Wednesday, August 1, 2018

Snookered

To no one’s surprise at all.

U.S. spy agencies are seeing signs that North Korea is constructing new missiles at a factory that produced the country’s first intercontinental ballistic missiles capable of reaching the United States, according to officials familiar with the intelligence.

Newly obtained evidence, including satellite photos taken in recent weeks, indicates that work is underway on at least one and possibly two liquid-fueled ICBMs at a large research facility in Sanumdong, on the outskirts of Pyongyang, according to the officials, who spoke on the condition of anonymity to describe classified intelligence.

The findings are the latest to show ongoing activity inside North Korea’s nuclear and missile facilities at a time when the country’s leaders are engaged in arms talks with the United States. The new intelligence does not suggest an expansion of North Korea’s capabilities but shows that work on advanced weapons is continuing weeks after President Trump declared in a Twitter posting that Pyongyang was “no longer a Nuclear Threat.”

Kim Jon-un’s next offer to Trump: there’s a bridge in Brooklyn that’s just come on the market…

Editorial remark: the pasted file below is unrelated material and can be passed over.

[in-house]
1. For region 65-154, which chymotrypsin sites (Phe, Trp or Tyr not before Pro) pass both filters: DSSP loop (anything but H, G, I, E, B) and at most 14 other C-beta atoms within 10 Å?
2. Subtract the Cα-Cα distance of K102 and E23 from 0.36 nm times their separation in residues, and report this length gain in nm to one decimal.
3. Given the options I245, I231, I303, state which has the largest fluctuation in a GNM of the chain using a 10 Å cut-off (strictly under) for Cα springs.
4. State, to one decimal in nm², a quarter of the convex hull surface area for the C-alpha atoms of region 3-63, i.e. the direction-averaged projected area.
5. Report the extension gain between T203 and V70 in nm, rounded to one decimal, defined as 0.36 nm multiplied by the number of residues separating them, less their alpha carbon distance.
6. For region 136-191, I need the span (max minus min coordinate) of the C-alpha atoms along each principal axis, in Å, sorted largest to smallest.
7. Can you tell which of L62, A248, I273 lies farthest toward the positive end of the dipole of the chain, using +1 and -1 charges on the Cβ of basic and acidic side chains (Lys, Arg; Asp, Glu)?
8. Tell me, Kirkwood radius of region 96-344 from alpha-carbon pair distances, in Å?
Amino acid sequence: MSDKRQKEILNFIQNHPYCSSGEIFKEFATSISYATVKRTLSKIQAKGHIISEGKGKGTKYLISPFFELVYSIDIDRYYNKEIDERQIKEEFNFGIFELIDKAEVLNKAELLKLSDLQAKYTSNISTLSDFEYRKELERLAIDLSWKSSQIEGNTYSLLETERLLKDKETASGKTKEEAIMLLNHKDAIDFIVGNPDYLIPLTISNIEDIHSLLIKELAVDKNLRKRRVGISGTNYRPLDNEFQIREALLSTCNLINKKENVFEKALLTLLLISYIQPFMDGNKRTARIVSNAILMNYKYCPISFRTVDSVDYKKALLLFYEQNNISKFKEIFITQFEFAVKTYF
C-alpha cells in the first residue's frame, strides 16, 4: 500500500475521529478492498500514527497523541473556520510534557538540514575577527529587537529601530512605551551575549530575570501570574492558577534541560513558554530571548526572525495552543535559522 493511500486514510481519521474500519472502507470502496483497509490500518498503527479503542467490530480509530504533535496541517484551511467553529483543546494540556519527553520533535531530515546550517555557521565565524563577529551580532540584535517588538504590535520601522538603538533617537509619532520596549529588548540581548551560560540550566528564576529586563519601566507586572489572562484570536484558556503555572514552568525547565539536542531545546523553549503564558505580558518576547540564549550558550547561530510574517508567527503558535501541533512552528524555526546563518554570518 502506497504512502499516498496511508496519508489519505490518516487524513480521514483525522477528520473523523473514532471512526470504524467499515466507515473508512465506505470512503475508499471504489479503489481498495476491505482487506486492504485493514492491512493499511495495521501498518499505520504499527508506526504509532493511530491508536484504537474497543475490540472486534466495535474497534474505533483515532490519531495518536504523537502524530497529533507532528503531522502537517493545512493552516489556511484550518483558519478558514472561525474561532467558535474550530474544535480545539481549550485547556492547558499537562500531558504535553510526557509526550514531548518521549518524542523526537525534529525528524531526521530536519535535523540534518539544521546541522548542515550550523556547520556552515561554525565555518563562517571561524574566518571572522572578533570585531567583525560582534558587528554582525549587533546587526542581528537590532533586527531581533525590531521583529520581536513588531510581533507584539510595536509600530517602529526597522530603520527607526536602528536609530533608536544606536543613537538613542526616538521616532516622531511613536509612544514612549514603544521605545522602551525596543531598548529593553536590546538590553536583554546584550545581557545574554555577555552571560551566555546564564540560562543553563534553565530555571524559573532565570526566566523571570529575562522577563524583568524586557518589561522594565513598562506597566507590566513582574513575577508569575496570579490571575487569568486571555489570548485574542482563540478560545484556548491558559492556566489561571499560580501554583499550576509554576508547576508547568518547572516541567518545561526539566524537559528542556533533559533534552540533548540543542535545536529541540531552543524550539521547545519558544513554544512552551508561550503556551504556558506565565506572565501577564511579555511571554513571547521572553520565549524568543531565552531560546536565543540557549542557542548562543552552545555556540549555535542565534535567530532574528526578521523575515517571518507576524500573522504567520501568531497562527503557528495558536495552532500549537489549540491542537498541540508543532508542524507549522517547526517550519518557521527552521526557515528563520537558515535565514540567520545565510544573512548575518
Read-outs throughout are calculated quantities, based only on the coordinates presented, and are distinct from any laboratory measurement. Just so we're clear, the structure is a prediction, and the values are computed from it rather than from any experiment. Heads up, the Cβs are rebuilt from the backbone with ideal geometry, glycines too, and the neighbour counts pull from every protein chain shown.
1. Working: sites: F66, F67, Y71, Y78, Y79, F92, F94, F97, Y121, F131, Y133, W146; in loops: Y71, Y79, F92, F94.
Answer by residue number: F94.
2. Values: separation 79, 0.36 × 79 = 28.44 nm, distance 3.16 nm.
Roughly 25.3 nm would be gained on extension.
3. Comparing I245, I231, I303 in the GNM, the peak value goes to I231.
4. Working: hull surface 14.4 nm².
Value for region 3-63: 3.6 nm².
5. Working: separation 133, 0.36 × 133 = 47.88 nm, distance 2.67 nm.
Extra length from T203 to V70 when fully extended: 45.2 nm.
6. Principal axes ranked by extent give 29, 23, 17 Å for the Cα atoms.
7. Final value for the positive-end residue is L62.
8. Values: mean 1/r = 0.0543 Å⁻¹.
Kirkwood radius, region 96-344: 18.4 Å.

Did anyone really think that a smile and a handshake would end nearly seventy years of hostility and the total shut-down of the one thing that North Korea has that has any clout outside of their sealed-off world?

Now Trump is talking about meeting up with Iran’s president without any pre-conditions at all.  (Remember when Obama said he’d consider talking to our adversaries and the right-wingers hit the roof?)  So far Iran is not interested — they don’t think it’s worth their time talking to a lunatic, I guess — but they could be passing up a great opportunity to get a free pass to start up their nuclear program again.

Sunday, July 22, 2018

Sunday Reading

The Forgotten Border — Porter Fox in the New York Times took a trip along the Canadian border with the U.S.

At 5,525 miles, the United States-Canada border is the world’s longest land boundary, more than double the length of the United States-Mexico line. It passes through remote terrain arrayed with 8,000-foot peaks, millions of acres of wilderness and four of the five Great Lakes — a lot of it essentially unguarded.